No one would disagree with the principles; changing culture and practice needs to be supported at the highest level to support it happening. We need to go further and wider; what external positive and sustainable support is there for small independent providers (care homes and domicillary care agencies) to create and maintain a positive quality improvement culture where this is needed. Staff in these sectors need to be and feel valued, care and compassion needs to be celebrated and when things go wrong we must not tar everybody with the same brush. We need to give the greatest respect to independent sector staff working under sometimes the poorest conditions, with our most vulnerable people, by giving them access to health and social care expertise in collaboration; not through perpetuating a them and us culture. We are on a collaborative journey locally to change the tide, but this needs to be supported nationally.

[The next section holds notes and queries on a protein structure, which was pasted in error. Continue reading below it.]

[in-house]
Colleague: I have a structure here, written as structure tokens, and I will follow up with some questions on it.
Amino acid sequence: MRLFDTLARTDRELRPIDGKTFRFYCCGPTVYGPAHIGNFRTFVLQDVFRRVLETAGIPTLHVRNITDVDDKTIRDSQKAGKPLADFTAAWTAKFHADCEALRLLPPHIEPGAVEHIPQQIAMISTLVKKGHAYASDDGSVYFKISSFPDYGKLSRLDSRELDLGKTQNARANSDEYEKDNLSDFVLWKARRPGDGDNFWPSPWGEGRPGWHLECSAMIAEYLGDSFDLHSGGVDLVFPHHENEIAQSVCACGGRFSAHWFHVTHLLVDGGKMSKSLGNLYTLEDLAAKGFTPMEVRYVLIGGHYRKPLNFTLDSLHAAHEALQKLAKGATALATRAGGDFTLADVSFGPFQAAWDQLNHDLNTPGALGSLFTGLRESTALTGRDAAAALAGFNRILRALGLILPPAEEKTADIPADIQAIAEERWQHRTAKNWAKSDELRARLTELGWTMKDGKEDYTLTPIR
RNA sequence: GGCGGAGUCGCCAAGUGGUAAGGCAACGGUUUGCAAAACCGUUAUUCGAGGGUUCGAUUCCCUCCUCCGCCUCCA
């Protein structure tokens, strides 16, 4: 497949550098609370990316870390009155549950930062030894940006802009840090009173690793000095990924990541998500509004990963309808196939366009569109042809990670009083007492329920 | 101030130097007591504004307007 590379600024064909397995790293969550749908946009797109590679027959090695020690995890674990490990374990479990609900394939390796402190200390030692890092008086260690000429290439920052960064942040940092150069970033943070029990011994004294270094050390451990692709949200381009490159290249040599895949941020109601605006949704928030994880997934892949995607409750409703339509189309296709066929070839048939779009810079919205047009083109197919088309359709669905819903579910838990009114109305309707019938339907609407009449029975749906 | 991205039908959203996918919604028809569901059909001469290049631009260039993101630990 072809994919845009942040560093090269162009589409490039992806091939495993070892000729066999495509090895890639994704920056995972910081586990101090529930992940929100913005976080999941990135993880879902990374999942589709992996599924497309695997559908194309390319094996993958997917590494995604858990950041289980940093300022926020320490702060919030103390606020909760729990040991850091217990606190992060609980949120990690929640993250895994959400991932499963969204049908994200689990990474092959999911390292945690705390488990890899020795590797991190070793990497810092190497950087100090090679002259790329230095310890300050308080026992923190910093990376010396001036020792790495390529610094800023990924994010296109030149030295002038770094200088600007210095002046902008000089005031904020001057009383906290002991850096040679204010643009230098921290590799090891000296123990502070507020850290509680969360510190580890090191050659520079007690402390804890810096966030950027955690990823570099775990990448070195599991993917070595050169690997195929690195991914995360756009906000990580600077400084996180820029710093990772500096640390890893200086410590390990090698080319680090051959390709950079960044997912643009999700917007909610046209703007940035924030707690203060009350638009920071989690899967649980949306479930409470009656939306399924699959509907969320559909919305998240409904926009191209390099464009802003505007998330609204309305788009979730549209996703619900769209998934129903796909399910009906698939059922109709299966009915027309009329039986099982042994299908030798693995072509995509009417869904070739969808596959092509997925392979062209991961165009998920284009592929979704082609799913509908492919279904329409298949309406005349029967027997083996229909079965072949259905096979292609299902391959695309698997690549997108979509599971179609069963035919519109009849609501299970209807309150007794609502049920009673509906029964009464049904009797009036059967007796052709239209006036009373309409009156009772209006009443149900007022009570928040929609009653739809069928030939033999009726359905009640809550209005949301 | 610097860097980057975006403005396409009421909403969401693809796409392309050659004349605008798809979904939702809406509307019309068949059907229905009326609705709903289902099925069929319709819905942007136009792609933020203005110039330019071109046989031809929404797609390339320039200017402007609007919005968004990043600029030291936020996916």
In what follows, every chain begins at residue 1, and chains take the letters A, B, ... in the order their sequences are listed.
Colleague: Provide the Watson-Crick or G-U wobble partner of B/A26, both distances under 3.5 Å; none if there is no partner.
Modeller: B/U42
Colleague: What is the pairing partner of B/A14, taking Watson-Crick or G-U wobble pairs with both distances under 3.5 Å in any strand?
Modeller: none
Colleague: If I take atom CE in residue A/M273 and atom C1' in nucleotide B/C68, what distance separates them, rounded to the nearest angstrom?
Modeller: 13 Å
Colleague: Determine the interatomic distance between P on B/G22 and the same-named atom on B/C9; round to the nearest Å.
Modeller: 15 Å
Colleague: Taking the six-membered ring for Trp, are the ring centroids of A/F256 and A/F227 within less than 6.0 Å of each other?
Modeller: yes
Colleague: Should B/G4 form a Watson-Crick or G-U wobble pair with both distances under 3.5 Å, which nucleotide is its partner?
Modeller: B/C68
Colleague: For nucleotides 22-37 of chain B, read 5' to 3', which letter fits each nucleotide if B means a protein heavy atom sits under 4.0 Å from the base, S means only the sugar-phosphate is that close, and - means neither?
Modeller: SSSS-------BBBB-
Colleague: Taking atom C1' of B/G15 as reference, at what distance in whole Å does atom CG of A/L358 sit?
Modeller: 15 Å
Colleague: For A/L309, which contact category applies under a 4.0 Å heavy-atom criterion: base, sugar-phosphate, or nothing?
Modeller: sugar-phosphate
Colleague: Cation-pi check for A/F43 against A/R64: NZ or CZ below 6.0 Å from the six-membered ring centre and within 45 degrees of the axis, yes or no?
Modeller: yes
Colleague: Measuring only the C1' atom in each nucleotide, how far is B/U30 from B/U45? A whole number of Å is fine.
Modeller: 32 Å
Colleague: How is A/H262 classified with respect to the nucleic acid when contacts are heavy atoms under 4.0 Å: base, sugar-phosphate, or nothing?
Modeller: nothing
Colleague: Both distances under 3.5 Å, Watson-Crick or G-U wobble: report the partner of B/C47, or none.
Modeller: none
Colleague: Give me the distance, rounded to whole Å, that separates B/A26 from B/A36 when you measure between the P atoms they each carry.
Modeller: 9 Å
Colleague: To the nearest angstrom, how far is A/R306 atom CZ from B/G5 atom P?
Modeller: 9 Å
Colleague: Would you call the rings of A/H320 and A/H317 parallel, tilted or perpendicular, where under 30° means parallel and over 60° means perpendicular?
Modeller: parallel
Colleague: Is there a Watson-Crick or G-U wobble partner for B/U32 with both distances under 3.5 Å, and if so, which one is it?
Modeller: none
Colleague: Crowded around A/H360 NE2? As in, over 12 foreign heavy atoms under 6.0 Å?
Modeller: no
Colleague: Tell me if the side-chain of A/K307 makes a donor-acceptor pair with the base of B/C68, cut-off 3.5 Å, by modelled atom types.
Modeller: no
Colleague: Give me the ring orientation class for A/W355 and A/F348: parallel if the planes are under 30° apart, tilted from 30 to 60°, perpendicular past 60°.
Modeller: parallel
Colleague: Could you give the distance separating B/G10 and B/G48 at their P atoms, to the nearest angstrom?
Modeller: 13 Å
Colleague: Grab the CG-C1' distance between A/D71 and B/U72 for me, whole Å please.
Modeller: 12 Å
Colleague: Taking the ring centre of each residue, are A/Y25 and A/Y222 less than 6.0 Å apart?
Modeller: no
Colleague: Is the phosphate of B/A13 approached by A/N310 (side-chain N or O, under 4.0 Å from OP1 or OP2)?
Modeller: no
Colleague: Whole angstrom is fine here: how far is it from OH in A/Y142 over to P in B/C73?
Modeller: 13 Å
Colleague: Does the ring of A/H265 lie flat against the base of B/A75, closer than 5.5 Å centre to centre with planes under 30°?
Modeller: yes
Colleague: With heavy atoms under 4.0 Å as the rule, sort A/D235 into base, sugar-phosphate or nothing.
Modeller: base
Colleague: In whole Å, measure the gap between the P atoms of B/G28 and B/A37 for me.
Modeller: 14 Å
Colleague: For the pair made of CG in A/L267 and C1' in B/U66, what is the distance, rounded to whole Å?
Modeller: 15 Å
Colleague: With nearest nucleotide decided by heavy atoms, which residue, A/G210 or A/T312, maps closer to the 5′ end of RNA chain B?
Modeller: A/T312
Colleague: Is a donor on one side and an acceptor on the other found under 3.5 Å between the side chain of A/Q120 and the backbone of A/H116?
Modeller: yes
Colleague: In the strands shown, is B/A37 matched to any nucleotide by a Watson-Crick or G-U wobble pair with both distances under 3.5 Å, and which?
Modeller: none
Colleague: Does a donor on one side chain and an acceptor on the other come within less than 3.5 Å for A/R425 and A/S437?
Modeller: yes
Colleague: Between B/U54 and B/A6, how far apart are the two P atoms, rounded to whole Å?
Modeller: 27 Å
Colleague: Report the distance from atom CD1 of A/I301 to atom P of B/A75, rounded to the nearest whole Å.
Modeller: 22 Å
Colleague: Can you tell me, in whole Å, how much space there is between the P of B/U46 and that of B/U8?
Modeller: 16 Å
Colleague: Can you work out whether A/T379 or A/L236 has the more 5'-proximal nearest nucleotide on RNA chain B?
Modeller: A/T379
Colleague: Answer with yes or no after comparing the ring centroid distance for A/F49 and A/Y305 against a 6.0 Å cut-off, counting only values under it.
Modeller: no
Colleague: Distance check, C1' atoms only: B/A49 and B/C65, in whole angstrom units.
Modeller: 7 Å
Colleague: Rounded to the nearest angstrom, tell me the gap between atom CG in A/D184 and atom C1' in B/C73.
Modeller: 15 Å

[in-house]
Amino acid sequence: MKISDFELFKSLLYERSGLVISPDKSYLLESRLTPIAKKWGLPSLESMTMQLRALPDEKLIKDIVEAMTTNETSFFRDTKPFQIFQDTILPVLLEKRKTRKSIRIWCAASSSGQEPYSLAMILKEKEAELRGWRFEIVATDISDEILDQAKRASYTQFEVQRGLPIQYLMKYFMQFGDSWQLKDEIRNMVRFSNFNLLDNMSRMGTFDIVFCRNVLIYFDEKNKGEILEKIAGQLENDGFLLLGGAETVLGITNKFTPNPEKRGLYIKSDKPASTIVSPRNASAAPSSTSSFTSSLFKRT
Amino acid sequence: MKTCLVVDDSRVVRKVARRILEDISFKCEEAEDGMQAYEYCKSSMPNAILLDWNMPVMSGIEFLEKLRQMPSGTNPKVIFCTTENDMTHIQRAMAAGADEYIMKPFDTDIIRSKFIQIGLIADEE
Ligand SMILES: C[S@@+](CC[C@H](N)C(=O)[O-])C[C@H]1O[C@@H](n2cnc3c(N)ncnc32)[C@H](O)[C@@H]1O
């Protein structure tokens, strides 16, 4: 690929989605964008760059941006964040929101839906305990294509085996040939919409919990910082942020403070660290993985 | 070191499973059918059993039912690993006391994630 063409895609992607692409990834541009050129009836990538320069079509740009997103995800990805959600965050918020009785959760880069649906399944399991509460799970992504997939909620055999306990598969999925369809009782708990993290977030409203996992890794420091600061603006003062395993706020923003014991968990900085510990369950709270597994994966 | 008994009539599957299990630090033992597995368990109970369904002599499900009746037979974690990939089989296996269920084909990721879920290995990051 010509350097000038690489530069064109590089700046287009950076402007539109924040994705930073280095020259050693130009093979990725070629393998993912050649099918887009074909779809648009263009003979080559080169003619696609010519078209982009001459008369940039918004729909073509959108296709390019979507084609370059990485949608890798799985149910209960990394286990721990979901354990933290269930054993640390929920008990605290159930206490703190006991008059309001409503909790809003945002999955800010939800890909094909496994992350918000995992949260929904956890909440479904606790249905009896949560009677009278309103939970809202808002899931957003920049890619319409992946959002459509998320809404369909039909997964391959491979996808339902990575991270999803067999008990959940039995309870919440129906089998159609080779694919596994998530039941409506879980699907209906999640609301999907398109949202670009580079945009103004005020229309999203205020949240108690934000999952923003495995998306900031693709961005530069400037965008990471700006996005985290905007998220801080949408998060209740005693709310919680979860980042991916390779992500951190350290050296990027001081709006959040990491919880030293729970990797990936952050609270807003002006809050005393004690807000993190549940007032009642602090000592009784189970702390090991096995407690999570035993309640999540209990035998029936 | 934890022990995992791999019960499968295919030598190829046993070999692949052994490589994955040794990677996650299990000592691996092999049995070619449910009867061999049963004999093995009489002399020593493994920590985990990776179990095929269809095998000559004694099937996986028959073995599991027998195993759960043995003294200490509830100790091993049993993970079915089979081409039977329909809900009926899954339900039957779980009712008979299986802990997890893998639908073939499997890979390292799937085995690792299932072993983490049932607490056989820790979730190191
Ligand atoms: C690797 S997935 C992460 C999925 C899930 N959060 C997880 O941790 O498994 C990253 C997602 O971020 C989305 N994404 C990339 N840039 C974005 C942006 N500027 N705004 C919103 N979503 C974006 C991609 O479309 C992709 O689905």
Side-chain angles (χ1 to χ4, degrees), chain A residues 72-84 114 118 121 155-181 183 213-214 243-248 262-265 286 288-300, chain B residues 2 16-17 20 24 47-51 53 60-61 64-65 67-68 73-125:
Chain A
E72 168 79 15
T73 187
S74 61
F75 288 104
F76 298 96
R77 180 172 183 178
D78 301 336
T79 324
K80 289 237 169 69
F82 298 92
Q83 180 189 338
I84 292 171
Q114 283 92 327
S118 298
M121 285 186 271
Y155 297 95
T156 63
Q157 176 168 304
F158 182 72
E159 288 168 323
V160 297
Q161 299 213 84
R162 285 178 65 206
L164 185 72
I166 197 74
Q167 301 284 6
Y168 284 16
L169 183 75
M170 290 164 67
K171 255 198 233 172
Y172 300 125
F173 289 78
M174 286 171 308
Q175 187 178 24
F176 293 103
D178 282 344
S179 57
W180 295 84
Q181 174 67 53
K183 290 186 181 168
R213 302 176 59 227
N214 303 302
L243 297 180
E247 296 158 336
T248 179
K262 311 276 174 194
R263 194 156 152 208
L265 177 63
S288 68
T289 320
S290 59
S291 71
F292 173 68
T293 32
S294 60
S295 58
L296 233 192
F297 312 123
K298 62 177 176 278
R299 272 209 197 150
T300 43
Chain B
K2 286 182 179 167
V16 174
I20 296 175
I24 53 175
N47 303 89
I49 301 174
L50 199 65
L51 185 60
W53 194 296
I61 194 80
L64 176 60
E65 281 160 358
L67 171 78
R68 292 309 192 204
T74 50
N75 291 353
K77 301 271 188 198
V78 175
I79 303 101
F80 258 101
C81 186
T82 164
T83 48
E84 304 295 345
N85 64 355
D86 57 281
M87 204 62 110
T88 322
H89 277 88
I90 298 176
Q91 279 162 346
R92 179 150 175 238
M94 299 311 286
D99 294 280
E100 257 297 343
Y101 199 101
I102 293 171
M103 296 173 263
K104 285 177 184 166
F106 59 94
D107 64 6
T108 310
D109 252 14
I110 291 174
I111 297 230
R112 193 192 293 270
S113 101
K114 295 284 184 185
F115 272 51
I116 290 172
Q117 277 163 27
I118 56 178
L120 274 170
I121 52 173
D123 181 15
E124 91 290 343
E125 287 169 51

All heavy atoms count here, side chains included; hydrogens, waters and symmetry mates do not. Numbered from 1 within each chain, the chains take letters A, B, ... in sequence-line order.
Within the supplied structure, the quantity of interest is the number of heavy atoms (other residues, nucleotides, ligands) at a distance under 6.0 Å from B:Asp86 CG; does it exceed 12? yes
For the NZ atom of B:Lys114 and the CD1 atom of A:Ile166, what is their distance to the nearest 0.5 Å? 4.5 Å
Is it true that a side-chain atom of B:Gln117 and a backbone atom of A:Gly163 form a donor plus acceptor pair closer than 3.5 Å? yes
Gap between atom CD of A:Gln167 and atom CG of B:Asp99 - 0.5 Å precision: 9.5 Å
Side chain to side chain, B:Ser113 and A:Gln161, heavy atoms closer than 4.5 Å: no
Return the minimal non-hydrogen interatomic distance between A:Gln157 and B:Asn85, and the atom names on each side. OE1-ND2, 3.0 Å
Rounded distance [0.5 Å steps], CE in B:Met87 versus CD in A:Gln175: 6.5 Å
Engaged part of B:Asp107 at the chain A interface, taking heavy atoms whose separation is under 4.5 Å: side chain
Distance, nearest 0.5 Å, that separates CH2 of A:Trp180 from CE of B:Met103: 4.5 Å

4. Comment by George S I Andrew posted on

    Care work has for too long been the Cinderella of our social care system it is time that it is recognised as a serious occupation and understood within the community for its value. The initiative must be driven from top Government level but recognised by ALL sections of the community.

    • Replies to George S I Andrew>

      Comment by Pearl Baker posted on

      I agree with the last comment. The problems we have today is the never ending paperwork sent out in the name 'of better care, 'integrated care' the Care Act, Health and Social Care Act the MCA all good reading, with good intent, unfortunately there is absolutely nobody Moniting the implementation of any of it.